With promising coronavirus vaccines continuing to hit the headlines, stock markets have been rallying strongly in November. Today, I’m covering two FTSE 250 shares I’ve been adding as part of my own buying spree.
FTSE 250 contrarian play
Like most in the market, online price comparison site Moneysupermarket.com (LSE: MONY) hasn’t had the easiest 2020 so far. In its most recent update, the FTSE 250 member revealed a 16% decline in revenue over Q3, due to travel restrictions and banks pulling products from the market.
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But let’s not get distracted by a temporary period of troublesome trading — Moneysupermarket still ticks many boxes on a quality-focused investing checklist:
- Sky-high returns on capital employed? Check.
- Huge operating margins? Check.
- A strong brand? Check.
- Net cash on the balance sheet? Check (£5m).
- Still paying dividends? Check.
In addition to all this, Moneysupermarket should benefit from a rush for travel insurance when people start flying again. Even those that aren’t so inclined to travel will still be wanting to use the site to save money on monthly bills.
Could I make greater gains buying battered travel and leisure stocks? Quite possibly. The issue with this strategy, however, is that many of these simply aren’t very good businesses when it comes to making money for their shareholders. And, as Warren Buffett would surely attest, it’s the quality of a business that really matters in the long run.
Assuming things do get back to normal next year, Moneysupermarket shares trade at 17 times forecast FY21 earnings. That still looks great value to me, considering the five-year average PE of 22.
Down but not out
A second battered FTSE 250 stock I’ve bought more of in November is high-performance polymer supplier Victrex (LSE: VCT). Like Moneysupermarket, recent trading hasn’t been great, due to the chaos caused by the coronavirus.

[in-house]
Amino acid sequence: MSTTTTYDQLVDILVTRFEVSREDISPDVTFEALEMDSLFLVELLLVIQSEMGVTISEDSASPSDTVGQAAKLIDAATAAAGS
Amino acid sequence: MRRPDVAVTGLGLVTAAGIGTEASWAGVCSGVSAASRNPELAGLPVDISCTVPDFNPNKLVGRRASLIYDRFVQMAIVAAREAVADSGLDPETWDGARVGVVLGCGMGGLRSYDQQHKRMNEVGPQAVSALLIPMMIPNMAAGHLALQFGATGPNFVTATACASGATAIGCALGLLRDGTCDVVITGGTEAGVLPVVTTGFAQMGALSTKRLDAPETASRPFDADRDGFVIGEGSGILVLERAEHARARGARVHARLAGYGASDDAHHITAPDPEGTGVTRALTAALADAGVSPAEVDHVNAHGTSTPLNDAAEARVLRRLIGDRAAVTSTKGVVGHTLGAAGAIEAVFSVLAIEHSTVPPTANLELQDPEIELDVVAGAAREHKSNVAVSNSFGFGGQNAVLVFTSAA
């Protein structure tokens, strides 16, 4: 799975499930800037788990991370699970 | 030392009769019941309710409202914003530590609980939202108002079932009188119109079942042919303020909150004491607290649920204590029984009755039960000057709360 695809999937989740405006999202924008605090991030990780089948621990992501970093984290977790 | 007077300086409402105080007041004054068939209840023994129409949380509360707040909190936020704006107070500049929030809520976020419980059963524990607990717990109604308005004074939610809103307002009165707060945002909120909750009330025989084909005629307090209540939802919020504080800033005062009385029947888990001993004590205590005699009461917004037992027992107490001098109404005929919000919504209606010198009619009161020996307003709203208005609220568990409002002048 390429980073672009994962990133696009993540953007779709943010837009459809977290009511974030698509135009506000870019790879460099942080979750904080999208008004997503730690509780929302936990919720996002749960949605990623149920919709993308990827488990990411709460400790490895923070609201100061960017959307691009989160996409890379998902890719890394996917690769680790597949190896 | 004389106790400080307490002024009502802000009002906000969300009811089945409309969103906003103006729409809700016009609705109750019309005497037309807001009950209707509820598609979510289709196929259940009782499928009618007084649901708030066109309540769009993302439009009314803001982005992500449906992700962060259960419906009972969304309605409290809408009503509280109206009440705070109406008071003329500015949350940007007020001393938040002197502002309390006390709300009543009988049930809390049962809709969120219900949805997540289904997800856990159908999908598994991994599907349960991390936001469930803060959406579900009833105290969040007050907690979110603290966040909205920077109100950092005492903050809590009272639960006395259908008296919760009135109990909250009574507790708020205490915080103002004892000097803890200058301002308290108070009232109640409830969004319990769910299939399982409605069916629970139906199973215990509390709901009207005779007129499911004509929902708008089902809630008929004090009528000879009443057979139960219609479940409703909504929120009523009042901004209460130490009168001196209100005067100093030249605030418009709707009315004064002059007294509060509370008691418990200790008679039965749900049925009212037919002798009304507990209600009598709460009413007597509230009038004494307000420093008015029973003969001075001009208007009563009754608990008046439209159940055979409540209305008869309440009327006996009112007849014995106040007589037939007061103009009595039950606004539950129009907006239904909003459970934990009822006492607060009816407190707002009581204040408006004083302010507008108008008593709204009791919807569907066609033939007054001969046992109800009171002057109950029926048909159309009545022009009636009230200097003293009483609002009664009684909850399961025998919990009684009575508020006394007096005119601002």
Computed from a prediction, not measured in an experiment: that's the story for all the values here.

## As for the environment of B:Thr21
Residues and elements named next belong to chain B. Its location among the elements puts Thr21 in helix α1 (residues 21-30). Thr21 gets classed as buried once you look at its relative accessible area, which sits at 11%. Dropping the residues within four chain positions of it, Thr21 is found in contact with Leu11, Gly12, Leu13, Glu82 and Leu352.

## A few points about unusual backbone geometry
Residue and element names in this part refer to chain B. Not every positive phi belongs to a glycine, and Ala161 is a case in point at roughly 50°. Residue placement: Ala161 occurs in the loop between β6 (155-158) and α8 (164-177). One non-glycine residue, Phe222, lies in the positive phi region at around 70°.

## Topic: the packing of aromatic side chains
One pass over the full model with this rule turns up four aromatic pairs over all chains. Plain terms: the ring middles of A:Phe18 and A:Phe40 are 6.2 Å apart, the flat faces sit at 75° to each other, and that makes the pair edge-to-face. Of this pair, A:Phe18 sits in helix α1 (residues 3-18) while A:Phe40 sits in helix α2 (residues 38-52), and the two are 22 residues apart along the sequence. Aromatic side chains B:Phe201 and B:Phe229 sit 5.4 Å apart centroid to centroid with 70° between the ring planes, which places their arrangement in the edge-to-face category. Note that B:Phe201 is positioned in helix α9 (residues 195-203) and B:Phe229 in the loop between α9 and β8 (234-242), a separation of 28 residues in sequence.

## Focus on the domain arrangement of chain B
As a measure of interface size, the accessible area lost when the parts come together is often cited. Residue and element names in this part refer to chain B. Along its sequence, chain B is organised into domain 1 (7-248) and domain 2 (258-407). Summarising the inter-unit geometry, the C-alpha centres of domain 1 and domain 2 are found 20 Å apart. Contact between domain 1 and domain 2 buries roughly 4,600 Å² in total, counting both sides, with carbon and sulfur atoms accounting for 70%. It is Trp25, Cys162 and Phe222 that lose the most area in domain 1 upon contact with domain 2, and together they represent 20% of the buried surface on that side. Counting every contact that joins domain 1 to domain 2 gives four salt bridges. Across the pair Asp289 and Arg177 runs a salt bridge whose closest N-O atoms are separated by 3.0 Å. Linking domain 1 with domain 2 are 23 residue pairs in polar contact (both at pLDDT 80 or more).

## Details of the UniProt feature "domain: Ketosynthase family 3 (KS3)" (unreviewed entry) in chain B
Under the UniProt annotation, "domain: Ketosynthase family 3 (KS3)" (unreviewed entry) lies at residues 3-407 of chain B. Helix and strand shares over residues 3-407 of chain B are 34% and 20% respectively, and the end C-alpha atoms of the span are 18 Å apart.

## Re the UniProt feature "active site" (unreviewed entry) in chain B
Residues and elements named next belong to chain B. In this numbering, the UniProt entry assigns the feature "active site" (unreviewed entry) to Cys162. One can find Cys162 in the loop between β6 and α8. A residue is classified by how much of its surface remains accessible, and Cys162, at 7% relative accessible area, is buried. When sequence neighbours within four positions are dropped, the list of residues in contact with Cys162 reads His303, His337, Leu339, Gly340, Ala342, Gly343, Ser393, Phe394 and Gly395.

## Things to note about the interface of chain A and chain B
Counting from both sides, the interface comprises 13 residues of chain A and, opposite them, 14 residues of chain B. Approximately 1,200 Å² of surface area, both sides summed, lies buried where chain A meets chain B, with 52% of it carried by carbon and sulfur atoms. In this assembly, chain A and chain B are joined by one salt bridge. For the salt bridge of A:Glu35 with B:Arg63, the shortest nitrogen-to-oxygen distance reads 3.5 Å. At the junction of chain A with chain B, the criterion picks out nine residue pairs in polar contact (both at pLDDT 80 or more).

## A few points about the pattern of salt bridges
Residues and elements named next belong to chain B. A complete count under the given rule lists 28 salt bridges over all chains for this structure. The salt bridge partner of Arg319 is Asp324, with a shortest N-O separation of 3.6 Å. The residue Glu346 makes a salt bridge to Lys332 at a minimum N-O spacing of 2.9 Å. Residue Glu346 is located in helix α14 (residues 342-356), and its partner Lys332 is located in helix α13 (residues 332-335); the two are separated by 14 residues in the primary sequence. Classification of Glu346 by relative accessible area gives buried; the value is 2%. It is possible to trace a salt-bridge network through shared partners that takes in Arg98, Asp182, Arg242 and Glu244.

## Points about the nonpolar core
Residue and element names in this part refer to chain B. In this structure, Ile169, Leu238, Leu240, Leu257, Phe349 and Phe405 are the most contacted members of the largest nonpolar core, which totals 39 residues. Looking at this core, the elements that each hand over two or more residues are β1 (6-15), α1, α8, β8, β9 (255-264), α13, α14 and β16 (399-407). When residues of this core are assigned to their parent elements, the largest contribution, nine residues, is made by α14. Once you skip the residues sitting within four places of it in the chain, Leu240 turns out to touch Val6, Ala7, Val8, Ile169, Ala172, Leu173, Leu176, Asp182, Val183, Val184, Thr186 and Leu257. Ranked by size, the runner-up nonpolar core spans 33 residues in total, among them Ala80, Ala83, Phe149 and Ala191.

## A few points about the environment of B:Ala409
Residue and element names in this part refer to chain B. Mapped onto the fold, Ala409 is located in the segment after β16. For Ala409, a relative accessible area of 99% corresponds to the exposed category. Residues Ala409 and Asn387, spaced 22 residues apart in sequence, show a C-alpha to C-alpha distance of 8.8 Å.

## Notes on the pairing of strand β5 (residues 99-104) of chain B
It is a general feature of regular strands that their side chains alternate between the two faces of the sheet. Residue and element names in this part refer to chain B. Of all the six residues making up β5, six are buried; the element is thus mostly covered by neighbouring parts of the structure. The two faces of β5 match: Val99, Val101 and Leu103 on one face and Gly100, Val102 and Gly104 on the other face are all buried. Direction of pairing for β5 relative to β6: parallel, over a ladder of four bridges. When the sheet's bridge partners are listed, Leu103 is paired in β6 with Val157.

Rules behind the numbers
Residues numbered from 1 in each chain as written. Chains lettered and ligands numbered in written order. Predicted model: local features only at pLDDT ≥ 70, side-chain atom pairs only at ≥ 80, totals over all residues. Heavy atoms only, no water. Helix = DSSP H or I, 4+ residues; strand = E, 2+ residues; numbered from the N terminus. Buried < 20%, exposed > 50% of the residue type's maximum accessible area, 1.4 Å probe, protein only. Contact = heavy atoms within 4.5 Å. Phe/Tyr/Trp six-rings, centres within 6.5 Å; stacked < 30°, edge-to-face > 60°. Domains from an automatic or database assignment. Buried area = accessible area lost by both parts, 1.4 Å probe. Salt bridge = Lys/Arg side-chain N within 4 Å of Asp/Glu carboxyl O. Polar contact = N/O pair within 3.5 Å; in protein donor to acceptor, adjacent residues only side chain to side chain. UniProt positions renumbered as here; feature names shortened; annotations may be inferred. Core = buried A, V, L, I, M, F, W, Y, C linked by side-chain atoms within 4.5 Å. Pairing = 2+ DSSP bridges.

Last month’s update spoke of end markets remaining “subdued” after sales volume and revenue fell 26% (to 695 tonnes) and 27% (to £55,7m) respectively in Q4. Job cuts will help mitigate the company’s high fixed costs, but it’s hardly the sort of news to make investors bullish. There’s also Brexit to ponder.
As negative as this sounds, Victrex remains a classy operator. Let’s look at some of the attractions:
- High returns on capital employed? Check.
- High operating margins? Check.
- Operating in multiple industries. Check.
- A market leader in what it does? Check.
- Lots of net cash on the balance sheet? Check (£67.4m).
- Dividends? Check (a dividend for FY2020 is expected).
- Growth opportunities? Check.
Thanks to its exposure to the aerospace industry, I also think Victrex is another good ‘picks and shovels’ play on the recovery in travel. Tapping into the growing trend for green investments, the company’s lightweight thermoplastics help make aircraft more fuel-efficient and environmentally friendly.
Play the long game
Naturally, big gains won’t come overnight. As an investor however, it pays to distinguish between short-term hurdles and game-changing problems. The coronavirus, I submit, is the former.
A valuation of 24 times forecast earnings does look dear, given current headwinds, but this should reduce as profits recover over the next couple of years. Just like star UK fund manager Terry Smith, I think price is of secondary importance compared to buying a great company with solid growth prospects. This belief certainly hasn’t adversely affected the performance of his Fundsmith Equity Fund.
Victrex’s eventual rebound should be worth the wait.